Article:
The Yale College Council has built a new home online.
This Friday, the YCC will put the finishing touches on its new website, which had its initial launch at www.ycc.yale.edu Sept. 8, in time for YCC elections. Council representatives said they hope the redesigned website will become a definitive guide to student-run events on campus to eventually replace the YaleStation portal. The site is also intended to streamline the council’s web presence, which includes weekly email updates to students, a YCC Facebook page and a Twitter account.
“It centralizes a number of resources that were previously very decentralized,” said YCC President Brandon Levin ’13.
Levin said that Yale Station, which is managed by the New-Haven based software firm Technoloutions, Inc., will eventually be phased out in favor of the council’s new homepage, though he is not sure when YCC will make the transition.
The new website provides a landing page for every major YCC initiative, including the new Yale Mental Health Fellows program, and budget information for previous school years. The final site will also include a fully functioning calendar, said YCC Secretary Matt Wiliams ’13.
The site also links to student-designed web applications, such as YCC Bluebook and the event locator Roammeo, through a unified toolbar that allows students to log in using their net IDs. Bluebook’s co-founder, Jared Shenson ’12, said the toolbar will help Bluebook strengthen its presence online. (Shenson is a former Design editor for the News.)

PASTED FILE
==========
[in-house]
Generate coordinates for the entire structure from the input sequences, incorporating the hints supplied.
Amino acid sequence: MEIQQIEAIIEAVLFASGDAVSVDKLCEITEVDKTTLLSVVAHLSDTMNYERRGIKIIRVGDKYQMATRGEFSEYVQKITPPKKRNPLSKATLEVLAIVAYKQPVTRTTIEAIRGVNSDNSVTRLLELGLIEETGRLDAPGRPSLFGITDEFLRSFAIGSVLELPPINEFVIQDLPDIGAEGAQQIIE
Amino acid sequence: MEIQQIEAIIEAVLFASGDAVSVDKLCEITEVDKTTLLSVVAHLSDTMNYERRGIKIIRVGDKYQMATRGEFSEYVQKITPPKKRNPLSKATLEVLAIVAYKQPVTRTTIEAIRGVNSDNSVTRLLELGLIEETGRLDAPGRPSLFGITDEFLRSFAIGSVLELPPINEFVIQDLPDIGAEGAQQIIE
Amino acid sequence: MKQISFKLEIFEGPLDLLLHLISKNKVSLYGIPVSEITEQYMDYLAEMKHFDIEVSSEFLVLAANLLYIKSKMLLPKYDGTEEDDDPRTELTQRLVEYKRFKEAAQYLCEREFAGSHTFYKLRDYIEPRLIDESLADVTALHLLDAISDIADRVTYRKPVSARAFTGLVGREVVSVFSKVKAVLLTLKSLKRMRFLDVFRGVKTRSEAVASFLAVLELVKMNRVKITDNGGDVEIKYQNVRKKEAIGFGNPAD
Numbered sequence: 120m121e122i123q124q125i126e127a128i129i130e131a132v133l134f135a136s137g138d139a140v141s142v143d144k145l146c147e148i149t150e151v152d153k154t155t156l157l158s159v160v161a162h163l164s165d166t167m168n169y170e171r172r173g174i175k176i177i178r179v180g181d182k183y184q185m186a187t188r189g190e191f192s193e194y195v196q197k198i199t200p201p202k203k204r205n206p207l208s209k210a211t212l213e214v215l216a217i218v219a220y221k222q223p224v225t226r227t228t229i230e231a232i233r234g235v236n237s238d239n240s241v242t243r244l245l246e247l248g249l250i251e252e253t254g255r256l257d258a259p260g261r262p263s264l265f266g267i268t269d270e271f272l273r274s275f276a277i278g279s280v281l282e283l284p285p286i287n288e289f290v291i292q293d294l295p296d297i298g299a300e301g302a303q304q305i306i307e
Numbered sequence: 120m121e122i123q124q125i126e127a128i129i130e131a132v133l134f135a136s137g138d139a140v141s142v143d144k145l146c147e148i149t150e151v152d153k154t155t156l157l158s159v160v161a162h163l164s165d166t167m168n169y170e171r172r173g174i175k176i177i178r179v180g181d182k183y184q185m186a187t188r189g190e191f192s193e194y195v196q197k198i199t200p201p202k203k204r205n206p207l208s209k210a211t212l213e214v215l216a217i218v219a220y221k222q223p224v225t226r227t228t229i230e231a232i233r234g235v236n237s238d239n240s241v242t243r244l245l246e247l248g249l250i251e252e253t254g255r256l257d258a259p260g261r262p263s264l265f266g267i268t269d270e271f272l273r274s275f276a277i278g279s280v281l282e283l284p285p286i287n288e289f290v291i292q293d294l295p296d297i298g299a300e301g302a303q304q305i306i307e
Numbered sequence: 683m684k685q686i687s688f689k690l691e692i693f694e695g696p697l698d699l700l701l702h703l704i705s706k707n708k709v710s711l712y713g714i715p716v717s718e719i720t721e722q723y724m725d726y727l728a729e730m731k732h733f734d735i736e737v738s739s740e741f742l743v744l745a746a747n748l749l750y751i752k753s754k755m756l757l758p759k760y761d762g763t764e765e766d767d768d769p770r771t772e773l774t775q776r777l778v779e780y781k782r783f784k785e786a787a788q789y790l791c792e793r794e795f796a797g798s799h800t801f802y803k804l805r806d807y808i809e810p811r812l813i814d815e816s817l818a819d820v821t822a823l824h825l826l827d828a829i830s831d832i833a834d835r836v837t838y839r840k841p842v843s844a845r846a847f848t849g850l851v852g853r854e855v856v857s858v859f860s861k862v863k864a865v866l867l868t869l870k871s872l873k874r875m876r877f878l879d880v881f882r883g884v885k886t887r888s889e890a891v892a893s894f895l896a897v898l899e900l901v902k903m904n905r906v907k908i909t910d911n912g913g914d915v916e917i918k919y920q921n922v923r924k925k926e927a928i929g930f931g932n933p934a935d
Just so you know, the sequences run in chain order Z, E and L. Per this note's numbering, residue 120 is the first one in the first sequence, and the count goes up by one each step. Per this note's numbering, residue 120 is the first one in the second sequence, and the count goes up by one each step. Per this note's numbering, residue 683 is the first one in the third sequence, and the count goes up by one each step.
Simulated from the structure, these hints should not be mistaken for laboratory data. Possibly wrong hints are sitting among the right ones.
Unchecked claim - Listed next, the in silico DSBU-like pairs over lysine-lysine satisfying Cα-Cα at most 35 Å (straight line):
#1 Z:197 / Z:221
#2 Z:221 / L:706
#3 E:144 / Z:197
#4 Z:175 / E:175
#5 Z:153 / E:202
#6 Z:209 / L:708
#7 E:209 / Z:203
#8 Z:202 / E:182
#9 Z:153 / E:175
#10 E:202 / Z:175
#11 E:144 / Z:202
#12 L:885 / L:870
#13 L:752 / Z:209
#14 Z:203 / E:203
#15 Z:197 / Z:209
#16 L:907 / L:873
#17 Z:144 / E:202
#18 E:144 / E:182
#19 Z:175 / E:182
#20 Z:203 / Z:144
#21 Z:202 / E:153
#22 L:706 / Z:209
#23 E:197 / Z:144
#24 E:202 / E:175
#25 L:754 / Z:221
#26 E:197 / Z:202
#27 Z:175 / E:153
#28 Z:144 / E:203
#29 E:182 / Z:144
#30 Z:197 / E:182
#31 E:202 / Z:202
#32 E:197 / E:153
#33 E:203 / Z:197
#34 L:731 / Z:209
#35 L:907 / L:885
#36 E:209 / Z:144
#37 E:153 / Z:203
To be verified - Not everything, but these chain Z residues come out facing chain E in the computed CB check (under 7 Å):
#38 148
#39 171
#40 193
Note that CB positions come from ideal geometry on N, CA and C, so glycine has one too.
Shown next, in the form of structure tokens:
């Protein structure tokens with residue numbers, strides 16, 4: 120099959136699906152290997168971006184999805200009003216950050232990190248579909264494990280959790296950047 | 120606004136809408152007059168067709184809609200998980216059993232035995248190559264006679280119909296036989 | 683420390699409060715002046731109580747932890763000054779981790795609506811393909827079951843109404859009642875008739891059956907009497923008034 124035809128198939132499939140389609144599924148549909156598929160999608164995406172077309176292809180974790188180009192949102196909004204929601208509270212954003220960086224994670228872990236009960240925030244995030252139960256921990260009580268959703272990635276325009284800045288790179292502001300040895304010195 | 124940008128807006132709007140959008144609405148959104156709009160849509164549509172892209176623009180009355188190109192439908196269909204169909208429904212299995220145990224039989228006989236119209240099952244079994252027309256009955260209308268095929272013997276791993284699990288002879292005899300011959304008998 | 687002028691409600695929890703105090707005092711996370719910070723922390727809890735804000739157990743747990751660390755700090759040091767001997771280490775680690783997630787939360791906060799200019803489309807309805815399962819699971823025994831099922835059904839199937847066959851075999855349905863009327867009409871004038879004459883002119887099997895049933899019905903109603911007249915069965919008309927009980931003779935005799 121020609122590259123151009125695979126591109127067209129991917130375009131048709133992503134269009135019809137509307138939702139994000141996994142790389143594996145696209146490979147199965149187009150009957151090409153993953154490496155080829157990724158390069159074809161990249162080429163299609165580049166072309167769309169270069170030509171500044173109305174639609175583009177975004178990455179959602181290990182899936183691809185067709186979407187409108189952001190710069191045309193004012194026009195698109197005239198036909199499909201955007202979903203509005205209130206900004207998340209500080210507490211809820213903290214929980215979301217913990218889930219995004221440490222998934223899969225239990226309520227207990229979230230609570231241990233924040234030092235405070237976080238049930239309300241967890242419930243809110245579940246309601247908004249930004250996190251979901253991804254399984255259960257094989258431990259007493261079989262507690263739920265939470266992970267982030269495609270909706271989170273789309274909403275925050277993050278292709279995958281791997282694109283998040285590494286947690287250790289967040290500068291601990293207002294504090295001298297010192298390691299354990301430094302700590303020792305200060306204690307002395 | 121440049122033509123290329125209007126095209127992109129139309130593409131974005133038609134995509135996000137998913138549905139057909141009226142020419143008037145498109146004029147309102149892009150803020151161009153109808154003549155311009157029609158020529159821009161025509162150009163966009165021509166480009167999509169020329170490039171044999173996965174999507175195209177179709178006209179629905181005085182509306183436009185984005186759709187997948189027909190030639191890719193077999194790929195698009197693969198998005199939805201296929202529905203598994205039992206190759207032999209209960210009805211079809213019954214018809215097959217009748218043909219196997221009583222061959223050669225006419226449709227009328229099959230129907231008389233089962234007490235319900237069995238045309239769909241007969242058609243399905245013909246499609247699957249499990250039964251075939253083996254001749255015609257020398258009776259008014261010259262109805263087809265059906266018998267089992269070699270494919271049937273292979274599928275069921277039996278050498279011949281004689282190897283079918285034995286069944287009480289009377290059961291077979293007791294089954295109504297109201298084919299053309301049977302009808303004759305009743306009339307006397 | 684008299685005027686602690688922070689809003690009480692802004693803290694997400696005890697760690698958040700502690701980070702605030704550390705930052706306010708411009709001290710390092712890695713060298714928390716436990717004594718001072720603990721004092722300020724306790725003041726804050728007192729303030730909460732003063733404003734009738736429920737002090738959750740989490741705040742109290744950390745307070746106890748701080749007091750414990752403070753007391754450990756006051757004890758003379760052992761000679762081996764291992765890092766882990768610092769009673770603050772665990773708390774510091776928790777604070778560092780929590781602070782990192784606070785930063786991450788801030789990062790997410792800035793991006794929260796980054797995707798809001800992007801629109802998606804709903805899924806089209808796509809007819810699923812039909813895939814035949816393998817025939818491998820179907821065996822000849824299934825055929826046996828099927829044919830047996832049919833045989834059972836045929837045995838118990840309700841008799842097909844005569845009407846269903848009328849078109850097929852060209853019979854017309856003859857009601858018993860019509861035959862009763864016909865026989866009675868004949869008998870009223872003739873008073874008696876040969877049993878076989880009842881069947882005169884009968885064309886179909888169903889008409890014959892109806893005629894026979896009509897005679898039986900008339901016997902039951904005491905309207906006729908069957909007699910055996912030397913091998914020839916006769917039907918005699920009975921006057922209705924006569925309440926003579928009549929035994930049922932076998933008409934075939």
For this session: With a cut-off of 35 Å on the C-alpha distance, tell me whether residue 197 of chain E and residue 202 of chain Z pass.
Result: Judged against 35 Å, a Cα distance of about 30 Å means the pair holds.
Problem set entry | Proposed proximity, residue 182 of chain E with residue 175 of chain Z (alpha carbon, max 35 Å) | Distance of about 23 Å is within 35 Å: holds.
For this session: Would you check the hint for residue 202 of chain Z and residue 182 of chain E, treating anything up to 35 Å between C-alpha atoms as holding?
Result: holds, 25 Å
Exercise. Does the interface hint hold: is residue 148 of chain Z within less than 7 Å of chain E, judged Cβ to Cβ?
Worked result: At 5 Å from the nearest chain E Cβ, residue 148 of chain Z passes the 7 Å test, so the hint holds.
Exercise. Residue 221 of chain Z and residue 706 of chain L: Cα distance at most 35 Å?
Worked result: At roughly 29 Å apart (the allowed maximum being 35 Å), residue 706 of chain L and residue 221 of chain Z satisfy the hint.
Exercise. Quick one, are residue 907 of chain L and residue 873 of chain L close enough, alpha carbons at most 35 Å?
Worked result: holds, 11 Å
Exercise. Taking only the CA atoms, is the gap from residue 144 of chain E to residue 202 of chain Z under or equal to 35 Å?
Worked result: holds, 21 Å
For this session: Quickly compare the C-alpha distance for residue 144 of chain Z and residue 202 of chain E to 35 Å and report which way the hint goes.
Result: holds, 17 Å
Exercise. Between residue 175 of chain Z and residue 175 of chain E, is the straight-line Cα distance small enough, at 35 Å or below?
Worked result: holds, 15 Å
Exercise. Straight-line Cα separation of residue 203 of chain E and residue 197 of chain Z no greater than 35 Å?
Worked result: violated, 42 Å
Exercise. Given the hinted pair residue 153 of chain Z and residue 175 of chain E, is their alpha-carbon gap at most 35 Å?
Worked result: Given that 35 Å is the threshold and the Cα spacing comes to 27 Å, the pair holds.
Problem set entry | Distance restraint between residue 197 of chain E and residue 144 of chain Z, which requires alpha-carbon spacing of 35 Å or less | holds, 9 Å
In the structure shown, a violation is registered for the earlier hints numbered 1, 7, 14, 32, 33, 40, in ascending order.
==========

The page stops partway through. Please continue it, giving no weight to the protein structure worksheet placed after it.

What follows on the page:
“Yale students are taking a more vested interest in helping drive technology forward,” said Bluebook’s other co-founder, Charlie Croom ’12. “It’s making Yale a richer tech experience. YCC aims to be the center of all those student-driven [initiatives].”
Croom is a former photography editor for the News.
YCC webmaster and Timothy Dwight College representative Dan Stein ’14 said the Council hired the New Haven-based firm Response Marketing to design the site. The firm has previously worked with groups at the Yale School of Medicine, and its website also lists Bank of America, Black & Decker and Logitech as past clients.
Stein said the council wanted to choose a local firm to allow YCC to easily meet with designers, and to support New Haven business.
Paul Lavoie, a partner and owner of Response Marketing, said one of the firm’s central goals was to ensure that the YCC could edit their own web content.
“The most important thing about a website is that it’s updated frequently,” Lavoie said.
Eleven of 13 students interviewed said they stay updated on YCC’s progress primarily through the group’s email updates instead of the council’s Facebook page or Twitter account. Some said these media are sufficient to stay abreast of the group’s activities, while others said they weren’t sure whether they would use the new, central campus events calendar.
Sam Hamer ’13, a coordinator for a student-run income tax support group whose events have been listed on Yale Station’s calendar, said he doesn’t think he or his friends will use the YCC’s new events calendar.
“I’m satisfied with the current flood of information I already get,” Sam Hamer ’13 said. “I’m not sure how many people would go to the site to find something to do. People always have something to do.”
YaleStation was founded by Alexander Clark ’04 in 2000 and became a subsidiary of the YCC in 2002.